# Functions In Python

Functions are indispensable abstractions in any modern Programming Language. Python is not an exception too. Writing functions in Python is very simple.

Every day thousands of Python functions are written.

Functions have got their original inspiration from mathematics. In mathematics, a function f(x)=y, will transform the input x into output y.

Just like a mathematical function, a Python function as well takes an input, applies an algorithm and returns a value.

When functions are provided by the Python implementation they are called built-infunctions.

When the functions are written by python programmers they are called user-defined functions.

## Defining a function in Python - Syntax:

 def function_name(param1,param2):     python statement1     python statement2         .     .     .     return

## Semantics of a Python function:

• "def" is the keyword that starts a function definition.
• The "def" keyword stands for "defining" or "definition" of a function here.
• The def keyword is followed by the function name and a colon(:).
• The function name must accept zero or more parameters.
• The parameters are specified inside the parenthesis.
• If a Python function does not accept any parameters empty parenthesis needs to be provided after the python function name.
• Python function definitions without the parenthesis result in syntax error.
• The parameters to the functions generally are called the input to the functions or in-paramaters.(If the parameters are objects and they are read first and modified, then they are called inout-parameters, if they are only modified they are called out-parameters)
• The block of statements following the function names form the function body in Python
• The parameters of python functions are passed by value if they are of simple types and passed by reference if they are objects(references).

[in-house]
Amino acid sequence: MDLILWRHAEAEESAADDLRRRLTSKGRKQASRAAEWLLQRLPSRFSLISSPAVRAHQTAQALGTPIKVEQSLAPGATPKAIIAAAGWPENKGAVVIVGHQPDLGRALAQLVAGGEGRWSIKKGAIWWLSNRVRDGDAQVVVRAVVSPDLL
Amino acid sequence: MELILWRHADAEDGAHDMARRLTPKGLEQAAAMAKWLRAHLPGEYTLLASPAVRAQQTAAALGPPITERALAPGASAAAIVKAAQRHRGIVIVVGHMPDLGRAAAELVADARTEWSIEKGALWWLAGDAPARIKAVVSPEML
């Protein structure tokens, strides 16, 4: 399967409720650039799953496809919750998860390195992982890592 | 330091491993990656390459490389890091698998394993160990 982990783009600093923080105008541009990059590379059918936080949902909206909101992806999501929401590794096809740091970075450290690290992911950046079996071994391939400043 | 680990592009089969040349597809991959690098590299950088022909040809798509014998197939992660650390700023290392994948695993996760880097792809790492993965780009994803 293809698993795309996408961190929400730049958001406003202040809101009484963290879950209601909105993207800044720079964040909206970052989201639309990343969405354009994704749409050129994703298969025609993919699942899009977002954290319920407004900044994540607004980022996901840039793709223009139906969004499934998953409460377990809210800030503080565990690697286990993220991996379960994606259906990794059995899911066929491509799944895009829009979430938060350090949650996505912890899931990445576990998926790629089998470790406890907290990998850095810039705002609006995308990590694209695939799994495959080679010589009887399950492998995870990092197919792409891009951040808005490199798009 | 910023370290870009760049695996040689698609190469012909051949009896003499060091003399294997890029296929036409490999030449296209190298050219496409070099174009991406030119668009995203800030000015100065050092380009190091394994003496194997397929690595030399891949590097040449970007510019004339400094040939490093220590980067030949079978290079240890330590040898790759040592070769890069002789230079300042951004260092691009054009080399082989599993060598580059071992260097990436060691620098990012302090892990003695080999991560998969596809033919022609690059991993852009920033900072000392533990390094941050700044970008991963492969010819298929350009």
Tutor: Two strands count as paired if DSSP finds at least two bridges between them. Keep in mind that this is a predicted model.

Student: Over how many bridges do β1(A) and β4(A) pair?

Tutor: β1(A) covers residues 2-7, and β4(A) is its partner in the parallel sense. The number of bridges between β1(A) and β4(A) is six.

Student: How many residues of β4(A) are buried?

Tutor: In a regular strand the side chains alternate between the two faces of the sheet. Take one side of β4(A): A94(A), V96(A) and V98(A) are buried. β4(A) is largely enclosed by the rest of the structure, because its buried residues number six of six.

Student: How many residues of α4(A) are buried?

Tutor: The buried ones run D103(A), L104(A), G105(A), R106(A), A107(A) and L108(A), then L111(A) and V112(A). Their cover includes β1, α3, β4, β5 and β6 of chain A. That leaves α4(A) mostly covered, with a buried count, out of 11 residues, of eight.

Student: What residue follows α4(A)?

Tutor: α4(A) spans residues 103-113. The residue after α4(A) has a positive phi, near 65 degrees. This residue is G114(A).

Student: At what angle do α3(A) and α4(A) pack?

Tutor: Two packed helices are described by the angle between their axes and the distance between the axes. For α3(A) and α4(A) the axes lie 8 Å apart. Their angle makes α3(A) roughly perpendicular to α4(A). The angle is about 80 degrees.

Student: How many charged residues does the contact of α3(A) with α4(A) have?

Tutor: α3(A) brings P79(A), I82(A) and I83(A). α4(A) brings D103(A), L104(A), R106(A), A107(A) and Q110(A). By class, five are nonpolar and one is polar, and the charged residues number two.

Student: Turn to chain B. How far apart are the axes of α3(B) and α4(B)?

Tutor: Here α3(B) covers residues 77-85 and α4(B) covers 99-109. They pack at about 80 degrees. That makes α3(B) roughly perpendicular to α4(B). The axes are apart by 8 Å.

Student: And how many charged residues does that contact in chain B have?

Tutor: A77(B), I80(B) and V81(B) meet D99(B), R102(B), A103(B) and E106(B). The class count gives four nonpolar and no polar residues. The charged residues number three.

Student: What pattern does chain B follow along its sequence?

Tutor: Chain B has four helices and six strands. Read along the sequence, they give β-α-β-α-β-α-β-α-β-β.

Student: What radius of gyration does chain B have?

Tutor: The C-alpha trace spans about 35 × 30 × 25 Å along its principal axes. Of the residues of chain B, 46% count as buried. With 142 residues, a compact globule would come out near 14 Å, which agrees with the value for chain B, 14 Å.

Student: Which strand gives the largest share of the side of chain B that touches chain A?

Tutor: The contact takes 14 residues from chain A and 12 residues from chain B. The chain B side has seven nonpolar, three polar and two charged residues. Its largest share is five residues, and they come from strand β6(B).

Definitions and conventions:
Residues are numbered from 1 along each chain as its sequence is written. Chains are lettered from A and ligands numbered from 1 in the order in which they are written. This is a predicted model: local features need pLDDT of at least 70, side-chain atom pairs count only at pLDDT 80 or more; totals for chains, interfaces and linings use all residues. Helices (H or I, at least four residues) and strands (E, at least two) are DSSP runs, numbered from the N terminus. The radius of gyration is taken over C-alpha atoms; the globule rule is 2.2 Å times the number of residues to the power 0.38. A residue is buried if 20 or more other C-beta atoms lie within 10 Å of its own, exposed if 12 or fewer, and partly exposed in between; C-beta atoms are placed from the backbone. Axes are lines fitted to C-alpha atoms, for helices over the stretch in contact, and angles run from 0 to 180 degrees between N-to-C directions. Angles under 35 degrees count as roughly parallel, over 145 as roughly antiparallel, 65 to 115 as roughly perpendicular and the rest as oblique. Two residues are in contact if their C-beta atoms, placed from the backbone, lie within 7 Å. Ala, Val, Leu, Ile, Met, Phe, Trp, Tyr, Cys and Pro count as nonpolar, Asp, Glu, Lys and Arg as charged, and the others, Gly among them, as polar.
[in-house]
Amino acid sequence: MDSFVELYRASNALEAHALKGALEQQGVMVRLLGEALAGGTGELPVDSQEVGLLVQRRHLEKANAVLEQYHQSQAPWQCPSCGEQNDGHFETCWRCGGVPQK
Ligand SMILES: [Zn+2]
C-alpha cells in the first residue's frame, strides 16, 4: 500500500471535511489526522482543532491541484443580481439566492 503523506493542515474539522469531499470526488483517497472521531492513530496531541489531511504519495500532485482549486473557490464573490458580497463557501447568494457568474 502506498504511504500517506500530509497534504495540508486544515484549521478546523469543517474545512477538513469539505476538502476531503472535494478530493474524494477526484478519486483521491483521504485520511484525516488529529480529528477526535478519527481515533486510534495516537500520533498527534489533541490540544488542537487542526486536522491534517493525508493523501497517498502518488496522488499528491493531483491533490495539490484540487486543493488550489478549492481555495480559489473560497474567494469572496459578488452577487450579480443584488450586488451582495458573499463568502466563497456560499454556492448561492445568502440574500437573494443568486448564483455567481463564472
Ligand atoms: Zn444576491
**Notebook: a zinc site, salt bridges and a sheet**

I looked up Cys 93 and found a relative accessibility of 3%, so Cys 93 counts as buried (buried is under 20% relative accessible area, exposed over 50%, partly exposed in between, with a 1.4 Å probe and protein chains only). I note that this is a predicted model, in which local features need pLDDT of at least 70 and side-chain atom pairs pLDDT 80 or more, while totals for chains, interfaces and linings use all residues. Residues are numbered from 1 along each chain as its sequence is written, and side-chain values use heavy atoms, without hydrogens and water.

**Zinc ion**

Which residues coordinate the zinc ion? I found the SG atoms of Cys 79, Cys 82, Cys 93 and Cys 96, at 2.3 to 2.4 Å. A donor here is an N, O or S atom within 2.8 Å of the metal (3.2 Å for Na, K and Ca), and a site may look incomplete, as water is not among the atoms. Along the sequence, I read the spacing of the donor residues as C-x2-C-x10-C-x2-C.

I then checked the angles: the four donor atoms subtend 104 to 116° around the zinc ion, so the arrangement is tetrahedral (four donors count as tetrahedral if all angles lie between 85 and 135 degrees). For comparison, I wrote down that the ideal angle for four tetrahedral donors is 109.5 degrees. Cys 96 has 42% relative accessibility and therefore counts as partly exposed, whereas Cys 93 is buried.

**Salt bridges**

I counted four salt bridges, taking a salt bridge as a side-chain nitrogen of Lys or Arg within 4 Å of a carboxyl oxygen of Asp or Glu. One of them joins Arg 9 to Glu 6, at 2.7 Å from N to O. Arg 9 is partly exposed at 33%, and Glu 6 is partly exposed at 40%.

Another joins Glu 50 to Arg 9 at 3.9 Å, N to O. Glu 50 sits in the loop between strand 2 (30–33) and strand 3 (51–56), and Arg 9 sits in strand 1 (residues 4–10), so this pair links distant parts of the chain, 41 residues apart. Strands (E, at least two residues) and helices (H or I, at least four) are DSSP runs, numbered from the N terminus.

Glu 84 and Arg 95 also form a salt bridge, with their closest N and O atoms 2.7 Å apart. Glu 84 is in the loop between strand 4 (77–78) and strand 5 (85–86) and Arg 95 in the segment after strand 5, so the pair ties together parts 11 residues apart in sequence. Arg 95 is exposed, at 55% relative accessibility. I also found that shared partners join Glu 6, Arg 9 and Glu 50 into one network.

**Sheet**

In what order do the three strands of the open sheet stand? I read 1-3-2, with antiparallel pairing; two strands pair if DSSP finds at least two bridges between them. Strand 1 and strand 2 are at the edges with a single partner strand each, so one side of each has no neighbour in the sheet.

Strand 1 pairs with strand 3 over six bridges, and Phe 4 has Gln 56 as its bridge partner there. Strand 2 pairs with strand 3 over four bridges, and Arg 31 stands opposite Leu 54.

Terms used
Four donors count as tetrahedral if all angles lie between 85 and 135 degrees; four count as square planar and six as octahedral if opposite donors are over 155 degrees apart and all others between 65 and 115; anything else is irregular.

Quick Primer on the semantics of passing parameters: Pass by Value: The modifications done to a variable inside a function are not reflected outside the scope of the function body. Because only a copy of the variable is passed, not the variable itself. Pass by Reference: The modifications done to a variable inside a function are reflected outside the scope of the function body. Because the reference to the variable itself is passed.

• Specific values for a function parameter are called as arguments. e.g., Temperature is a parameter where as 90.1 is a valid argument for the Temperature parameter.
• A Python function may or may not return a value.
• A Python function can have any number of return statements.
• The first return statement makes the function to exit with a return value.
• Together with the "def" keyword, function name and the return value - is called the method signature, or simply the syntax of a function.
• A python function can raise an exception at any point in time during its execution.
• A function is executed only if that function is invoked. Having the definition of a function alone will not result in the function execution.
• A function is called by specifying the name followed by parameters specified inside the parenthesis.

## Python Functions - Example1 : A simple function